There has been quite a lot going on, even though we feel like slow motion – still tired and Rene is jet lagged. After finally getting to our little apartment after 12+ hours of bus, hotel, bus, train station, bus, airport, plane, airport, taxi we loaded in and immediately went back out and across the street to a teeny, tiny store, about the size of my garage. We picked up coffee, cream, fennel, basil, tomatoes, wine, some Sardegnian cheese and a few slices of a local pancetta and a six pack of those incredible eggs…oh, and a couple of rolls. We made a feast of wine and cheese and bread and sweet cherry tomatoes before we hit the sack and when we finally climbed out of our stupor in the morning (like maybe just before noon) we put on the coffee.
Our apartment description said, “well equipped kitchen”, which means there is at least a wine opener, a Moka pot, a skillet, a pasta pot and a colander. All present and accounted for. As our Lavazza Red perked away I put a few slices of the pancetta in the skillet. It is cured with the belly wrapped around the loin, sort of porchetta style and perfectly cured. When it curled up a bit I dropped those fabulous orange-yolked eggs into their bacon nest and we had a glorious breakfast. Rene has a penchant for persimmons and they are in season now and soooo sweet and ripe it is like cutting open the skin of a bag of persimmon preserves. Yum!
After breakfast we decided to take a walk over to the Locanda, the restaurant and inn where we checked in for our apartment. It looked to be less than a mile on our map, we were refreshed and full and ready for an adventure. Two hours, many stops for directions and map interpretations, a bum steer from the Vodafone guy, up a pretty steep hill and in and out of questionable neighborhoods……FINALLY, we found our spot. After making dinner reservations for that night, we called a taxi!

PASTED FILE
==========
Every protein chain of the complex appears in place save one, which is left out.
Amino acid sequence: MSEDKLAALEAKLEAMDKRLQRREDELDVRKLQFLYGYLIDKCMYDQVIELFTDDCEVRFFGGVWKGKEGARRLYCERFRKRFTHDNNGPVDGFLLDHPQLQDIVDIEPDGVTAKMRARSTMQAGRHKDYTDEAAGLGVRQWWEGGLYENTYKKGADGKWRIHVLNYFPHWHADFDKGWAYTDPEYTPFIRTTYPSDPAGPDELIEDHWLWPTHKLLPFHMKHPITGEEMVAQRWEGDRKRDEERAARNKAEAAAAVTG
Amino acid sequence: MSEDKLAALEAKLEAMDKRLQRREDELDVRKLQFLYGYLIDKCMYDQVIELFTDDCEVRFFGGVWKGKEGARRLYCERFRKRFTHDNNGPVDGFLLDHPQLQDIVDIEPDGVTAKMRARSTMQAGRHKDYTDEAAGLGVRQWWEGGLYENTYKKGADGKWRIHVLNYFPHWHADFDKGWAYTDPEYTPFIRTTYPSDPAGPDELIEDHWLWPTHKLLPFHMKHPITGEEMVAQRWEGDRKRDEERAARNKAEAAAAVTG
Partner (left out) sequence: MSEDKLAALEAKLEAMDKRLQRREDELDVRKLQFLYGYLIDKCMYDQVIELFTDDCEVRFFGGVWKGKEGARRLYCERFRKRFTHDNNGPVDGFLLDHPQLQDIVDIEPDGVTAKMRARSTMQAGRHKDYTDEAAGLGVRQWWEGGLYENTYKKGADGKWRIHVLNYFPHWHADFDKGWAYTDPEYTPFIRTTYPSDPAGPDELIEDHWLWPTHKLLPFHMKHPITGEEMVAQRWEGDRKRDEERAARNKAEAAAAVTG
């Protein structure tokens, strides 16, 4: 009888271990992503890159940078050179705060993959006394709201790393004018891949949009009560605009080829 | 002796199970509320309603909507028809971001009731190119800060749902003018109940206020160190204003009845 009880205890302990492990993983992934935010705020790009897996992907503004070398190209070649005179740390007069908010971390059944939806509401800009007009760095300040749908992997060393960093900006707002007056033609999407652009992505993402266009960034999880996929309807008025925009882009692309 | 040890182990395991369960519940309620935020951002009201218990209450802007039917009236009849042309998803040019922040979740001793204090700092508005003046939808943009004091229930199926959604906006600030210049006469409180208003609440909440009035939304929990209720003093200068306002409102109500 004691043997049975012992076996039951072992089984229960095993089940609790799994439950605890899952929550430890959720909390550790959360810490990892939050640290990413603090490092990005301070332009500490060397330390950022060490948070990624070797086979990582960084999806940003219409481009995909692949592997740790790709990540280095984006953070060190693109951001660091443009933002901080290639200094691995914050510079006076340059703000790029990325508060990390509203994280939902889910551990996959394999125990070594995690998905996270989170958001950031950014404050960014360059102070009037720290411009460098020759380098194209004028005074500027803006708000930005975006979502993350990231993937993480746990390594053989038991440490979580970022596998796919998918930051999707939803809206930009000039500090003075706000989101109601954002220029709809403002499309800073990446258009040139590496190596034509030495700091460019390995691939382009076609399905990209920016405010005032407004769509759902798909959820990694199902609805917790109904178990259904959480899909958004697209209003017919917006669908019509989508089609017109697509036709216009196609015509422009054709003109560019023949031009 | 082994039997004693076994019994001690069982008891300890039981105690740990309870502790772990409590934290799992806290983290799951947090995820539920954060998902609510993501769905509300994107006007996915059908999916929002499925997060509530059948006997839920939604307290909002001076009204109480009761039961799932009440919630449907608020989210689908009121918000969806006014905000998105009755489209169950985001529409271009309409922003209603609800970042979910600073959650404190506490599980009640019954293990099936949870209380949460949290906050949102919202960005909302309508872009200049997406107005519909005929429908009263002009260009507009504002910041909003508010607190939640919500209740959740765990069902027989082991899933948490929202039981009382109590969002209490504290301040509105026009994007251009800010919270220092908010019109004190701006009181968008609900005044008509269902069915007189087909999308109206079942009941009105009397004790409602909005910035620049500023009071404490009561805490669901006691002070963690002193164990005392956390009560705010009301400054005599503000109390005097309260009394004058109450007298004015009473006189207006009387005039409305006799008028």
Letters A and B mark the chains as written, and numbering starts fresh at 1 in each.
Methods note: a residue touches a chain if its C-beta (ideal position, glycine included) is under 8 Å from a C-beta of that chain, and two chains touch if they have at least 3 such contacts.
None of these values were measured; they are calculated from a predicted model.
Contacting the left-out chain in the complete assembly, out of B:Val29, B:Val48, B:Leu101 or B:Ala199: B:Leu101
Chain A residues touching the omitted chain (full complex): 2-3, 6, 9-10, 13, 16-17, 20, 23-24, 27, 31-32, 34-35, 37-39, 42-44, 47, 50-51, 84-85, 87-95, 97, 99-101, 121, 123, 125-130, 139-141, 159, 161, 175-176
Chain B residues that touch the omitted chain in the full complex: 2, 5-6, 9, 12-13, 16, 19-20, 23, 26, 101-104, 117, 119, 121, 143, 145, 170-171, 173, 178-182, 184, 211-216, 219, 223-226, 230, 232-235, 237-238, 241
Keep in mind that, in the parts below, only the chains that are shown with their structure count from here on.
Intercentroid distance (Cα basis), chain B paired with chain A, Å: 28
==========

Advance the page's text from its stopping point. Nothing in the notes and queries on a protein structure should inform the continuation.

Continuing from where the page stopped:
Once we got back to the airport and picked up our car (Rene calls it a roller skate) we installed Carmen the Garmin and headed back home. Our dinner was at a Slow Food Restaurant. Slow Food is a movement that began in Italy in the far north, the land of Barolo wine and white truffles. The Slow Food Movement is exactly the opposite of Fast Food. It is food that our grandparents ate, crafted, not manufactured, grown without pharmaceuticals, treating the land with respect as well as the animals and the workers. It is local food, seasonal, clean and fair..and in Europe, of course, there is no GMO, ever.
Our dinner started with a basket of bread and a small pot of warm spread (potato puree, with artichoke, and grated Bortaga. Bortaga is specific to Sadegna and they consider it a delicacy, but it is wasted on me. It is dried, salted Mullet roe, but it just tastes salty to me. It was a nice combo though and then we moved on to Steamed calamari over almond pesto with a hint of citrus – THAT was terrific. Hopefully, you will have a chance to taste that after I practice a bit. We shared a less memorable artichoke and potato fritter in a pumpkin puree with a tiny taste of local ricotta. Good, but no comparison.
Next we tried a homemade pasta with wild boar and a thick soup of a local legume similar to a dried pea. Different flavor, quite nice and in keeping with the Slow Food mantra of keeping heritage varieties alive. By the time our entrees came we were way too full. We had been sipping Cannanou wine, something I tasted 2 years ago and it was so robust and spicey that it was this wine the led me to Sardegna….just to see what food these people might eat with this unique wine. One ocean fish that was as delicate as trout and one local stew made with a local white wine, a Vermentina. Very good, but if there was a wine in there it was lost on me. The stew was laid over one of their local bread specialties – Carta di Musica, a paper thin sheet of dough baked until crisp and served in the whole or half round.
No room for dessert for me, but Rene tried the chocolate and cream cake and pronounced it – OK. We had been at table from 8:30 when the restaurant opened until 11:30 PM!!!!